This technology is so readily available, easy-to-use, and cheap that even I believe it should be industry, (maybe, choke) governmentally mandated. If you embrace nothing else by allowing me to share my thoughts with you, get and use G.F.I.s. About 95 percent of all home electrical injuries, including about a thousand electrocutions a year in the U.S., are caused by Ground Faults. Avoidable by, yes, you got it, G.F.I. protected circuits. Think your sub-panel is going to save you? The amount of electron loss to pop a breaker or fuse is much greater than that necessary to overheat, destroy insulation, to zap you, and start fires.
One of my favorite words because it has "fish" in it; efficiency is an important consideration in this world of high and getting higher electrical costs. Be aware that there is a huge variance in electrical consumption versus relative light produced, air and water moved. Here's a formula to remember:
Volts times Amps equals Watts
You pay by the kilo-watt-hour, the equivalent of 1,000 watts used for a period of one hour's time.
Volts X Amps = Watts
Watts/1,000 X Hours On X Electrical rate = Cost / day
If you are confused or have concerns about the adequacy of your aquatic electrical wiring? Good; call your local utility. Most of them have folks that will come out for free and check out your arrangement, explain how to tell what's costing how much, and to give suggestions on how to reduce costs and prevent loss of life and property.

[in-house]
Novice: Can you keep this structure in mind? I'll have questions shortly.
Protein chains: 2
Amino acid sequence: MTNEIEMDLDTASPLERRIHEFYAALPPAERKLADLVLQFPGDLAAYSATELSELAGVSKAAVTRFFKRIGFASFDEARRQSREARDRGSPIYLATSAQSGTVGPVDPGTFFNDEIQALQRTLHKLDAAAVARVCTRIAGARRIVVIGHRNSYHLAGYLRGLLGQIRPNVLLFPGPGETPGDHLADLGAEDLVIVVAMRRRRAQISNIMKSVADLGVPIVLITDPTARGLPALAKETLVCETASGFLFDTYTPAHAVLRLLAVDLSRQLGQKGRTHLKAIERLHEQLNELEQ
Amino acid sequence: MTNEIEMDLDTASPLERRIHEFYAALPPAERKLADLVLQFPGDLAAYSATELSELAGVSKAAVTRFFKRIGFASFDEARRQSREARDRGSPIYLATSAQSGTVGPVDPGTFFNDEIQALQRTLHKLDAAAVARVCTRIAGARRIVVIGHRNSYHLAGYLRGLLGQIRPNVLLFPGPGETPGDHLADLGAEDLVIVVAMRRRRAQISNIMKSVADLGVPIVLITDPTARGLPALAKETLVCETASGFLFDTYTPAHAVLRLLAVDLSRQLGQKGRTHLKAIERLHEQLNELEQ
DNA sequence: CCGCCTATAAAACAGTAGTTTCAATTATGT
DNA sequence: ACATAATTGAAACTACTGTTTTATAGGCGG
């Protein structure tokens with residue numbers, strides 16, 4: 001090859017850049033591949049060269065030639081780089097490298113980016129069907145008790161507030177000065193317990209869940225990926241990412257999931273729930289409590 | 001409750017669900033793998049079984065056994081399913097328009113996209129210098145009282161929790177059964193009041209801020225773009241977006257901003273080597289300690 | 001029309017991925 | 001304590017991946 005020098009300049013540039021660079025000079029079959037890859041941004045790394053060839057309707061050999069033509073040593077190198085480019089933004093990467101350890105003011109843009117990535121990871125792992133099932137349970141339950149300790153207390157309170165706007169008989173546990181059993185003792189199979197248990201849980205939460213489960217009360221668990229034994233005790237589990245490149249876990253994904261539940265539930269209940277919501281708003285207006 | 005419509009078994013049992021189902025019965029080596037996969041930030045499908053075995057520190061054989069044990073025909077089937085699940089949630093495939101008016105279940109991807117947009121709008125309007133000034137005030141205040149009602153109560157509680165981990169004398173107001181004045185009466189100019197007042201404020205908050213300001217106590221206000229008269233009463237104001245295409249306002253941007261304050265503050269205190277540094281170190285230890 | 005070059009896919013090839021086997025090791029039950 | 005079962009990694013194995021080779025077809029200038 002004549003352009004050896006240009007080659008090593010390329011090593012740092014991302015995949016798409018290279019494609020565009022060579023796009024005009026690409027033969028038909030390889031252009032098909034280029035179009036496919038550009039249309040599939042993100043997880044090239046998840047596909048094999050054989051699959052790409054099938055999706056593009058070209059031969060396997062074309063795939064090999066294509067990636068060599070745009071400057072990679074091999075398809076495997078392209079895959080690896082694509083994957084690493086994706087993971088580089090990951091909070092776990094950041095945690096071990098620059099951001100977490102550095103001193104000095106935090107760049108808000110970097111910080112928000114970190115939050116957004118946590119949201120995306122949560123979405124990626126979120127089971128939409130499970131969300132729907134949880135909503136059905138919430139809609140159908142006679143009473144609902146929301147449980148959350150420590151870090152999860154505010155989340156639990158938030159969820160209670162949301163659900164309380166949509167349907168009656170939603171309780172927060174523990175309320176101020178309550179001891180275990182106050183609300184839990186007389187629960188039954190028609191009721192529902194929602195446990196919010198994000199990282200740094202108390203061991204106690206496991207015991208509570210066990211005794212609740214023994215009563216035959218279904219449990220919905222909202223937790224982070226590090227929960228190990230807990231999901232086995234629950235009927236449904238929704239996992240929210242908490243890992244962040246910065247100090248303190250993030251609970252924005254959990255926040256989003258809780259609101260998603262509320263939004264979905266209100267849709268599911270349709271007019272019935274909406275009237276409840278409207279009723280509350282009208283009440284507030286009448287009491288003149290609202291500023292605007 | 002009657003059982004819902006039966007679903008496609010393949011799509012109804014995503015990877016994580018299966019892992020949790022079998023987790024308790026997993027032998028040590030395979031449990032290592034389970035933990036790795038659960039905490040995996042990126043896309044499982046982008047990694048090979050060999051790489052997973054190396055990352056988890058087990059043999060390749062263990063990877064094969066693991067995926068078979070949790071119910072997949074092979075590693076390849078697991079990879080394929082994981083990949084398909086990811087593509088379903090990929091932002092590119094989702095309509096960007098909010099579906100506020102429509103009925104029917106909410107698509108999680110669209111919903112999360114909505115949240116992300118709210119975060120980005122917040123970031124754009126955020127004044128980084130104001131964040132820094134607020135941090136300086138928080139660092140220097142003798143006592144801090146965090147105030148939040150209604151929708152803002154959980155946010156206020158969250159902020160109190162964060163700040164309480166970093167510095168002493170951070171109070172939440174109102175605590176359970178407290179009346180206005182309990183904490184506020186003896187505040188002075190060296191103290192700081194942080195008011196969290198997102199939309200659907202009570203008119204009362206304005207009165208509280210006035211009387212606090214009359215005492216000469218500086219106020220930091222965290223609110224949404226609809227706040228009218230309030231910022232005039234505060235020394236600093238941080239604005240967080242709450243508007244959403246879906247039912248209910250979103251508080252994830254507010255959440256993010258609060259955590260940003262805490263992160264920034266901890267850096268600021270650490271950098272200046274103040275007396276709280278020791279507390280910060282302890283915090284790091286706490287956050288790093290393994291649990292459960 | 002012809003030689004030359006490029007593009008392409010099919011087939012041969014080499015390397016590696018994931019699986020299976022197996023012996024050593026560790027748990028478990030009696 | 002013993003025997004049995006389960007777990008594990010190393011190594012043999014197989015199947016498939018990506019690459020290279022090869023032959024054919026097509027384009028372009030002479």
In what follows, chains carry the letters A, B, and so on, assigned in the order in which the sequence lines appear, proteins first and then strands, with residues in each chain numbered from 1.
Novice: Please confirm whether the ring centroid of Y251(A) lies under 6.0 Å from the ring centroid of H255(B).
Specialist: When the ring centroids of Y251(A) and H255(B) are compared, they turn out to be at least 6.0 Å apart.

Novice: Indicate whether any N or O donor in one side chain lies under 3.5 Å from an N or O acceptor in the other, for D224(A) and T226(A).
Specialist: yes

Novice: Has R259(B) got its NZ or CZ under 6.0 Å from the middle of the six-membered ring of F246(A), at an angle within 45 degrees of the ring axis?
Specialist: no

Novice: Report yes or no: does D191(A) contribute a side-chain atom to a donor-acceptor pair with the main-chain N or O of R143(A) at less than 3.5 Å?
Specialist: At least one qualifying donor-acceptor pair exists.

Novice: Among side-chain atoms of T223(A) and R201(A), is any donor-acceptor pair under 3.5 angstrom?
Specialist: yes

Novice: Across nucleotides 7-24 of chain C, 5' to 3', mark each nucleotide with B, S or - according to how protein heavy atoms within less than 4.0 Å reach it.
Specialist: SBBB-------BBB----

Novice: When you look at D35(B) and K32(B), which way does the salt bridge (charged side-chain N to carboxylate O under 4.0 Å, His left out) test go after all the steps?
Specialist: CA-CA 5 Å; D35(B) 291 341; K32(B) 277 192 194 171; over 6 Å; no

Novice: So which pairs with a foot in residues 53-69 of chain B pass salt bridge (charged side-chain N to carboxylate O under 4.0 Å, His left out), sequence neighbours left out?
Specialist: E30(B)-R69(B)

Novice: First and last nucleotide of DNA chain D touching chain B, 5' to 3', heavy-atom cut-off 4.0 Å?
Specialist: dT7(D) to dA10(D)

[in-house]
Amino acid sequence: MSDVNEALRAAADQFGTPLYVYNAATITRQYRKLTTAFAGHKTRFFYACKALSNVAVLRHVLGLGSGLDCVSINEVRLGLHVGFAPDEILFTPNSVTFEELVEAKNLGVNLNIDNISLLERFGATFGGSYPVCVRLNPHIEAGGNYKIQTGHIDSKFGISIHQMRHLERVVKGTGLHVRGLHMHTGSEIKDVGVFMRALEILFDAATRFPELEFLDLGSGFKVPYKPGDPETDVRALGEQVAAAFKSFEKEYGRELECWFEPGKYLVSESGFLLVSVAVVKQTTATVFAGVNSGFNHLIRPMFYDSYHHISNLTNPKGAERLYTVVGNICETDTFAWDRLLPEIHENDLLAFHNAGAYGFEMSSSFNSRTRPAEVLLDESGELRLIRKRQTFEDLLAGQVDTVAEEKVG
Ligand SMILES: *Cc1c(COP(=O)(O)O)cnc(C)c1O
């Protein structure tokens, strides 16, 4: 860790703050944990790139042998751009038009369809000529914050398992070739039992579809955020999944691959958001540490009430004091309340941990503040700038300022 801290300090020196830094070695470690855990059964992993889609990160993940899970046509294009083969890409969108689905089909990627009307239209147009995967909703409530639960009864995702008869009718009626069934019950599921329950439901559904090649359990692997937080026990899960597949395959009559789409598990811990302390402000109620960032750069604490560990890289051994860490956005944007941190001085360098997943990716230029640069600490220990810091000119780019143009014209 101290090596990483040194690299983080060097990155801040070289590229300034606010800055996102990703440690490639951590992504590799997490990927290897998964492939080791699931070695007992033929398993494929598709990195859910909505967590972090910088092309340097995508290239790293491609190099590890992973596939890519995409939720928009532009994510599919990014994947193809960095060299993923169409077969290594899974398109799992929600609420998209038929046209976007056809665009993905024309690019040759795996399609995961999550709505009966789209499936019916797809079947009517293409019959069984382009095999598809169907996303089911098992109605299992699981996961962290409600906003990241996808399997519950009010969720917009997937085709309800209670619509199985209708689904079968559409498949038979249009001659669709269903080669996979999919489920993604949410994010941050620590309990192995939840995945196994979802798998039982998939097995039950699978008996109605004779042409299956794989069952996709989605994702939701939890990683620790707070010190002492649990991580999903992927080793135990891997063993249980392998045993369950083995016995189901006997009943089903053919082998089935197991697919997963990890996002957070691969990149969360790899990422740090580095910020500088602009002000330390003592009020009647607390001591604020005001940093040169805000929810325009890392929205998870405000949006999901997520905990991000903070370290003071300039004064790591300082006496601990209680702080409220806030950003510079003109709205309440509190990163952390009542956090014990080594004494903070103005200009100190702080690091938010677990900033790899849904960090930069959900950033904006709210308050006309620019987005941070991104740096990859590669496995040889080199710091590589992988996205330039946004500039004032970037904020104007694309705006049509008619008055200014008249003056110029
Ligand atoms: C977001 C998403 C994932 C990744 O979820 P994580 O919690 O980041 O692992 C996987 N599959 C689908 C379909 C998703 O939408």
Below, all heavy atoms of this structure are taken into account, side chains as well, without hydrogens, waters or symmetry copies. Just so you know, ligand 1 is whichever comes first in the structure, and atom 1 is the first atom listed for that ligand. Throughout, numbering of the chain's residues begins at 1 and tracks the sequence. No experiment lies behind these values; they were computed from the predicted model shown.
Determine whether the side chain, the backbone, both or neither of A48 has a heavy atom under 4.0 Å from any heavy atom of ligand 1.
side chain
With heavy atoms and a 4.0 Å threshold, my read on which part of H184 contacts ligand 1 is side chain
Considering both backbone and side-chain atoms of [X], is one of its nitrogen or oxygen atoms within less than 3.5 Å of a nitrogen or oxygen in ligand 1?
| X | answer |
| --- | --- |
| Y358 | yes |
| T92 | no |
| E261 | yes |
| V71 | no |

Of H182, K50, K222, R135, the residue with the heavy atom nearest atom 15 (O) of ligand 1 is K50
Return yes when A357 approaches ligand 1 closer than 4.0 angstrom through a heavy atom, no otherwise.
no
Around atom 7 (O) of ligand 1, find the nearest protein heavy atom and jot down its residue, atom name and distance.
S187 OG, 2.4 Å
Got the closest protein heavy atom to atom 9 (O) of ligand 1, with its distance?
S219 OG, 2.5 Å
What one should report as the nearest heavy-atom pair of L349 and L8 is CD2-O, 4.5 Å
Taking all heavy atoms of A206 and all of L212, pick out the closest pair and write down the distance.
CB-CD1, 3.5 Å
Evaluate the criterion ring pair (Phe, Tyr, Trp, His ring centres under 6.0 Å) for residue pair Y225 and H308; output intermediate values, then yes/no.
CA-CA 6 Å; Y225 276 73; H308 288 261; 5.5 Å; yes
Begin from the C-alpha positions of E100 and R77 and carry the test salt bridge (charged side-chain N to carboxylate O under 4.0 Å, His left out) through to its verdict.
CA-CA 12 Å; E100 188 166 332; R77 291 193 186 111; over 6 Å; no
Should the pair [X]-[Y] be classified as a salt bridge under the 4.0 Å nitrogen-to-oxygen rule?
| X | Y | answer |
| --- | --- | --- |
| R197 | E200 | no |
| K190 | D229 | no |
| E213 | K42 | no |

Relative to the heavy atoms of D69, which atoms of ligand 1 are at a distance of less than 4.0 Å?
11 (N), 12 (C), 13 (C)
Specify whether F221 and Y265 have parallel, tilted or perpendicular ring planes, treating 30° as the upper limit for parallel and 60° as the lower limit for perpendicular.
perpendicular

Name the substance in all of the universe that can 'take up' or release the most thermal energy. What is it? Water; again the big winner as a standard; this time for specific heat, the scientific measure of caloric content. This trait points up the reason for overall steadiness in the world's largest heat sink, the oceans. [DUH....I thought that certain zeolites were actually more efficient at storing heat???? Seems to me that solar-energy types were trying to use zeolites in the 1980s as compact (more compact than huge tanks of water) energy sinks. Gosh, Mr. Wizard, who's right?)
Most marine systems/organisms do best between 70-80 degrees Fahrenheit, optimally around 75.F for most. What is key to successful marine aquarium keeping in terms of temperature is stability. Ocean life enjoys an environment that not only varies little thermally, but further, is one that many organisms can move to or from if thermal gradients arise. Such is not the case with our tiny captive volumes. Attached or sedentary organisms are especially vulnerable to large and quick changes in temperature.